Our social, economic and environmental lifeways in Marlborough are all dependant upon stable and resilient soil systems. Erosion rates in New Zealand are naturally very high by world standards as a consequence of the dominance of steep slopes, erodible rocks, generally high rainfall and common high-intensity rainstorms.
Landcare Research estimates that we are losing 192 million tonnes of soil a year in New Zealand. Therefore, it is hugely important that we manage our soils well to sustain services and production from the soil.
There are many types of erosion that occur within New Zealand. Within Marlborough the main erosion forms we see are:
- Surface Erosion
- Gully Erosion
- Mass-Movement Erosion
- Streambank erosion
Surface Erosion is a largely unseen process that occurs when soils have their vegetative cover removed. Bare soils can be eroded by both wind and water with both mechanisms resulting in different environmental impacts. Bare soil could occur as a result of farming, forestry or urban activities. Council has a range of measures within its regional plan or in the national legislation to control the effects of surface erosion.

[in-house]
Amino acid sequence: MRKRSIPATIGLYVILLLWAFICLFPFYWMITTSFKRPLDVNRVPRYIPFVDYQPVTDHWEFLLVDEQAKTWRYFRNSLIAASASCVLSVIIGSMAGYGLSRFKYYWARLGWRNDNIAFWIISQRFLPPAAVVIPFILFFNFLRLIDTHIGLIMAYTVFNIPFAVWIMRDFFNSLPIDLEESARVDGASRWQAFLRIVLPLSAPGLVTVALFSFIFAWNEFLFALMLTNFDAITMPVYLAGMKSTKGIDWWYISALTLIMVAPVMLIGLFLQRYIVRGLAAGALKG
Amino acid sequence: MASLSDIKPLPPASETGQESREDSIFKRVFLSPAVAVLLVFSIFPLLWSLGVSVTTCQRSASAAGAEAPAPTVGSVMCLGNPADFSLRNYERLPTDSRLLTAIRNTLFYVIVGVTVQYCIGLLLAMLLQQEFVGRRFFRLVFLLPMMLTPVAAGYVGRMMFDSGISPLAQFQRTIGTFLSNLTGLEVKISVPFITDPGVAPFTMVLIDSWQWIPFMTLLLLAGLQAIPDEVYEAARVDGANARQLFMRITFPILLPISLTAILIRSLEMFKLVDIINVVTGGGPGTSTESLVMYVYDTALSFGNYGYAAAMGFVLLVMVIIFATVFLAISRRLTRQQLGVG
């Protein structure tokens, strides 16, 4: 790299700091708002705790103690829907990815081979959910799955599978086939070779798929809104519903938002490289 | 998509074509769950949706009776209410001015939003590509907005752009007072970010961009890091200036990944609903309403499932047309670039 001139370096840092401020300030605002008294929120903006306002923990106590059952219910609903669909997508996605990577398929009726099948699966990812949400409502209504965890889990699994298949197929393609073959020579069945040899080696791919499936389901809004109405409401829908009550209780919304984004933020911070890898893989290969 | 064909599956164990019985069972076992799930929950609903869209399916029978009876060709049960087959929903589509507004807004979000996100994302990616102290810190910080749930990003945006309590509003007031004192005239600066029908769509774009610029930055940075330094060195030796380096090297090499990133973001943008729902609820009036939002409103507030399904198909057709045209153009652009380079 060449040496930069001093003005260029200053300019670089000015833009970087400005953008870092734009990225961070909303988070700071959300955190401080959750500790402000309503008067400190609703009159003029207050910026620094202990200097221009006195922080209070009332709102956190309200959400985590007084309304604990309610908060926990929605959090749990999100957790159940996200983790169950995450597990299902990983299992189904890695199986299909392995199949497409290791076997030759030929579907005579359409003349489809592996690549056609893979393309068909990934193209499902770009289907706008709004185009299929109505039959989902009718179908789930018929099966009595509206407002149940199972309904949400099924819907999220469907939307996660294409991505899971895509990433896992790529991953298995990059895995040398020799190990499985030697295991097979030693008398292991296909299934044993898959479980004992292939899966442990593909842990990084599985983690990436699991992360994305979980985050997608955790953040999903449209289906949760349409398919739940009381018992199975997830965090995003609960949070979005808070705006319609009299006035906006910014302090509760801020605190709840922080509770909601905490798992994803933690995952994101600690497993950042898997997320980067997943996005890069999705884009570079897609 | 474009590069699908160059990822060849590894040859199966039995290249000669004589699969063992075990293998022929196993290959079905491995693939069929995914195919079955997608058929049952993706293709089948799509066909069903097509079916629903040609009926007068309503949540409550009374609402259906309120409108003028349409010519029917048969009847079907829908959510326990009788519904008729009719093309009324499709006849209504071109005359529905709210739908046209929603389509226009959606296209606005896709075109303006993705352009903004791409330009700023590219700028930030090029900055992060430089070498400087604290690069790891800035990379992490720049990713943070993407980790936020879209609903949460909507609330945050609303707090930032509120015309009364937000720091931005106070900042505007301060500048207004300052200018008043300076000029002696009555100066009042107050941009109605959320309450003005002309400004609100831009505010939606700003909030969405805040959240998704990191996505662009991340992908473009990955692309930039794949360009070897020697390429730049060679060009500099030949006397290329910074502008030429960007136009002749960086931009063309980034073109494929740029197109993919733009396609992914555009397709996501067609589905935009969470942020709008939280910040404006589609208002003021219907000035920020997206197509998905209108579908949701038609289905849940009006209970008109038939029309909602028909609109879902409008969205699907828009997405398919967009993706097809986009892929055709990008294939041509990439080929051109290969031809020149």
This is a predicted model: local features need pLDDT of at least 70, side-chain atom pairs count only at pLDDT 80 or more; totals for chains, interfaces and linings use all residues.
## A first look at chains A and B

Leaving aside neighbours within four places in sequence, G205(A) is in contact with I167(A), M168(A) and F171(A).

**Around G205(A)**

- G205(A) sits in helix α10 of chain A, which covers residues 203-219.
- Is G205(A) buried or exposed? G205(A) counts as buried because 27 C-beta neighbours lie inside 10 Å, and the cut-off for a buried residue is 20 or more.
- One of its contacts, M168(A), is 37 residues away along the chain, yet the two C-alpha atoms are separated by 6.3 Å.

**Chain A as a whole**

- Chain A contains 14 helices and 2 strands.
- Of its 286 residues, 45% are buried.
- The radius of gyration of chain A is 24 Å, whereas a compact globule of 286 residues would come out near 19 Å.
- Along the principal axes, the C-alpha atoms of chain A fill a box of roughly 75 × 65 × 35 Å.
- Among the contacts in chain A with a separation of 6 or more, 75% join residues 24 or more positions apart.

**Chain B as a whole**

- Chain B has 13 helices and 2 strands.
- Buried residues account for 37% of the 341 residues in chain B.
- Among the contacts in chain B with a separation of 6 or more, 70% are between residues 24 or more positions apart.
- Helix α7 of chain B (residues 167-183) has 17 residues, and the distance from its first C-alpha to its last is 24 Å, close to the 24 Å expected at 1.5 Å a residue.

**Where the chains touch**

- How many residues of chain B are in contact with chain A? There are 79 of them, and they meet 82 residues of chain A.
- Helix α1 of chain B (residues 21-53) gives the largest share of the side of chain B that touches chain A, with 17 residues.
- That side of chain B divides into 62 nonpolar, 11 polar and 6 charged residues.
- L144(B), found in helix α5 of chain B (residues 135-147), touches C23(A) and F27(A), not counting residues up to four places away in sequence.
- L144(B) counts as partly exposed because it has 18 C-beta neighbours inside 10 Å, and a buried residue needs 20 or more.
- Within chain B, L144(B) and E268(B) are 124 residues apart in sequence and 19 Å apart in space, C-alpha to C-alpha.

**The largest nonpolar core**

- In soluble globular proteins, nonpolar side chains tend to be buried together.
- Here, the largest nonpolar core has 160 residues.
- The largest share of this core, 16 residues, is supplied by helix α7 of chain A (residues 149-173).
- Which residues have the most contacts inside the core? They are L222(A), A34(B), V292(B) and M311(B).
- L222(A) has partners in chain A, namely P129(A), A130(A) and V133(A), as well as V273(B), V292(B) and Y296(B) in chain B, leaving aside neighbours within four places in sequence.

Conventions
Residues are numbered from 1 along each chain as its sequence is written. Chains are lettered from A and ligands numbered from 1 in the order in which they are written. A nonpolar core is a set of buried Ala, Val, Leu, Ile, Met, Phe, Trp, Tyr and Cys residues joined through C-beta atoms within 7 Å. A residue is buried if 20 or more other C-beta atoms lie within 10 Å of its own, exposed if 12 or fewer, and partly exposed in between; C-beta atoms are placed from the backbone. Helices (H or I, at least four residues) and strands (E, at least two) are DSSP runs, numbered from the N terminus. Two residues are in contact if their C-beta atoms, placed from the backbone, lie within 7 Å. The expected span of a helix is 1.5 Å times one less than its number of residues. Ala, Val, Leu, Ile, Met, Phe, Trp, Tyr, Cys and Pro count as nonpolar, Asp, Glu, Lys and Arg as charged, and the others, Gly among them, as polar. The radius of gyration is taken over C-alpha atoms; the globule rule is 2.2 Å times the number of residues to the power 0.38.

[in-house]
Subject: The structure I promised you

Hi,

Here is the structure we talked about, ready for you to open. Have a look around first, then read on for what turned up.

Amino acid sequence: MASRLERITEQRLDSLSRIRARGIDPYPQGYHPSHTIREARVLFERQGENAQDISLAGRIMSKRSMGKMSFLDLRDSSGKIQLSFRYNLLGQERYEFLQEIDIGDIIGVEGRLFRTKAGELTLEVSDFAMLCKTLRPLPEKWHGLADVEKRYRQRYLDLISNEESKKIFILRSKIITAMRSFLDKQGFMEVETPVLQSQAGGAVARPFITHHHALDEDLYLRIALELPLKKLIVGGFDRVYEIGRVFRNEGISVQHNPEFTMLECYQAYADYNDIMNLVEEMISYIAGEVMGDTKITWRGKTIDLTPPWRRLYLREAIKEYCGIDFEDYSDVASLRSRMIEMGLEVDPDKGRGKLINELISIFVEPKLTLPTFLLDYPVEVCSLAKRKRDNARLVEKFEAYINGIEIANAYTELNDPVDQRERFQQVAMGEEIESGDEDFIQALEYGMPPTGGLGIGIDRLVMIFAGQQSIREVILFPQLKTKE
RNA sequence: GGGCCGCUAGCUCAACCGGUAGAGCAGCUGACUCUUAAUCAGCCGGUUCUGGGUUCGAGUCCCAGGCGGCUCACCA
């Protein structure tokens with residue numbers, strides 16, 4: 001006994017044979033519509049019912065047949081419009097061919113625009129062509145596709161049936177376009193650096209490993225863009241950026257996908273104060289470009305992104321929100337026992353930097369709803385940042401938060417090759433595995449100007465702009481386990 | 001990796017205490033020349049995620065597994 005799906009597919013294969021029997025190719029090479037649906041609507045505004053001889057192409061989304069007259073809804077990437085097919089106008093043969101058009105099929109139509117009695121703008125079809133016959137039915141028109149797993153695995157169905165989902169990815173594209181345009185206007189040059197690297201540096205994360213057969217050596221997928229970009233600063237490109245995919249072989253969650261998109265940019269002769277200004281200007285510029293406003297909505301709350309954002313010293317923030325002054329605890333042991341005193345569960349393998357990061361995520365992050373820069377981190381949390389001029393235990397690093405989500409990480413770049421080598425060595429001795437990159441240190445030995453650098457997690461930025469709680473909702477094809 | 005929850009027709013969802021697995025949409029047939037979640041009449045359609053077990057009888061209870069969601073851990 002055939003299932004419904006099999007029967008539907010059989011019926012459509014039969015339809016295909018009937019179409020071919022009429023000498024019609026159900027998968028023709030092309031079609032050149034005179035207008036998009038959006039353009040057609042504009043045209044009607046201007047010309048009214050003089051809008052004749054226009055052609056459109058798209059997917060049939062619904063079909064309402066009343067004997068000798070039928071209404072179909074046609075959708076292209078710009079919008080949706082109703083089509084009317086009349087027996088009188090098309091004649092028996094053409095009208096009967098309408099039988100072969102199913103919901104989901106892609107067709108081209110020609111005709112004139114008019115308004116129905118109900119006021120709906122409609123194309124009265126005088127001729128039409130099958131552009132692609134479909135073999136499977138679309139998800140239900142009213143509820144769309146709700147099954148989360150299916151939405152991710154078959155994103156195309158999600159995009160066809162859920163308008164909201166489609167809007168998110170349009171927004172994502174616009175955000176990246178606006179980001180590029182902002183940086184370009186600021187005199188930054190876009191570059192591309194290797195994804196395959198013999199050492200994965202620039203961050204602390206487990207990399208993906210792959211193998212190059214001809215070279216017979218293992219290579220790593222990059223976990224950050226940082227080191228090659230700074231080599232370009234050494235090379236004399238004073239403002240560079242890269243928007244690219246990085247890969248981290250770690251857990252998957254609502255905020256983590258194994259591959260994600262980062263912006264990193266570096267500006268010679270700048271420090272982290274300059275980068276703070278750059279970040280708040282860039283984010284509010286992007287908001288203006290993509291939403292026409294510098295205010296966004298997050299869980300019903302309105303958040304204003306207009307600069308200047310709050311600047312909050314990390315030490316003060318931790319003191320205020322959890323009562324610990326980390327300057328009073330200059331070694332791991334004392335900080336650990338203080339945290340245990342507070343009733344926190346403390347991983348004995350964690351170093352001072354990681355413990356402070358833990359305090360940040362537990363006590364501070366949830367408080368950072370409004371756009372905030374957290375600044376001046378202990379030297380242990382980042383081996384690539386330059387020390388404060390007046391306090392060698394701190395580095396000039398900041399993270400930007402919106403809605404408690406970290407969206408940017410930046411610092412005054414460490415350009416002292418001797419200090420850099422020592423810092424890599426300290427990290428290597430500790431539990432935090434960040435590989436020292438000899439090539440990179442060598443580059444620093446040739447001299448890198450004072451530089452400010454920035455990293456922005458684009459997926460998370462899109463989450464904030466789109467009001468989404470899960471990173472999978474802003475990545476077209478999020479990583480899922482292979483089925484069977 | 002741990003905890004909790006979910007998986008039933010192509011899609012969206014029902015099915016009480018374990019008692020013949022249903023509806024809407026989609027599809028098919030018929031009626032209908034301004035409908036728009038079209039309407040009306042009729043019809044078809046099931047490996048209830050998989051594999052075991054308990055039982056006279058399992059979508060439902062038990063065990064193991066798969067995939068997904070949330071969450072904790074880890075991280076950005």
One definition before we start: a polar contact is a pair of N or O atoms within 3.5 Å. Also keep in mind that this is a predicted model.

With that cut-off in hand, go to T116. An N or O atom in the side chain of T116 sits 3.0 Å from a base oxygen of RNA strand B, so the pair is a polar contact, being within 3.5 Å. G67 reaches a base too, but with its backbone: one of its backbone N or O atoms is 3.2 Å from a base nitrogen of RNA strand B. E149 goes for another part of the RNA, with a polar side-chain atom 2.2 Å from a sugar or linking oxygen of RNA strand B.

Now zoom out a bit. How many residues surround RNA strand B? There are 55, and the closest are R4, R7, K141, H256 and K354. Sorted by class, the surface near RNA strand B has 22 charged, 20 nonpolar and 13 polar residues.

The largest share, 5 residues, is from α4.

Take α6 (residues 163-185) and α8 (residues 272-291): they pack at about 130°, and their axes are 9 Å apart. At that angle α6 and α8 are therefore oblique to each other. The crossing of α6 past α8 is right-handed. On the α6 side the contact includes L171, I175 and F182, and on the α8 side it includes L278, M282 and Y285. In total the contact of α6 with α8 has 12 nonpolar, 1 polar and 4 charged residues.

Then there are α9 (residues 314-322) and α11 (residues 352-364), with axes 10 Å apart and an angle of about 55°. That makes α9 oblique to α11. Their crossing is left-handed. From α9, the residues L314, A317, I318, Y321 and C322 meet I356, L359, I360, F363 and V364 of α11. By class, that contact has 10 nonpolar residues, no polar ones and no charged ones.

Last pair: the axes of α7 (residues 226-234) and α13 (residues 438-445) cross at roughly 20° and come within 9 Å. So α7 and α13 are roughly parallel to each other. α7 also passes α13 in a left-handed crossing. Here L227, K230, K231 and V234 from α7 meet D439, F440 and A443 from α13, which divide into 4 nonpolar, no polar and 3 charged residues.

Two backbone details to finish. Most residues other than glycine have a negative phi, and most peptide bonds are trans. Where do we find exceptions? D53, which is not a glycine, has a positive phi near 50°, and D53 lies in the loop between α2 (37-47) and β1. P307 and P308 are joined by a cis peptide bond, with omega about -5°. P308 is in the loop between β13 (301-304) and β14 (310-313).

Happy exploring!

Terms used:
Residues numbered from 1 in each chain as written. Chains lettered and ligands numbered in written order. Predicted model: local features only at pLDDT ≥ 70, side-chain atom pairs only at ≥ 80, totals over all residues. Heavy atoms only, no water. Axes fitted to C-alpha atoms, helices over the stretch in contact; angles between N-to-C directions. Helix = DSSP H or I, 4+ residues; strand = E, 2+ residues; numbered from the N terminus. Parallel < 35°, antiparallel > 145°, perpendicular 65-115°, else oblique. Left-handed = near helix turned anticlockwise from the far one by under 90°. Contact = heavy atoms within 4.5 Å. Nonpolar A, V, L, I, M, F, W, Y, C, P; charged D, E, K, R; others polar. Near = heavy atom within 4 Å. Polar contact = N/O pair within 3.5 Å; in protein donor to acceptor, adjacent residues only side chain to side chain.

The most prevalent form of gully erosion in Marlborough is the iconic tunnel gully formations commonly seen on the Wither Hills and on loess soils in South Marlborough. The Wither Hills farm park was established in 1944 with the aim of addressing severe tunnel gully erosion. Tunnel Gully erosion is an ongoing serious issue for farmers across South Marlborough and a major contributor to sediment loss in some catchments.
Streambank erosion commonly occurs in the more humid catchments of North Marlborough. Sediments deposited on former flood plains are often reworked by rivers as they meander across those flood plains. Streambank erosion can cause significant loss of sediment into waterways and has been a major focus of river management work in the past.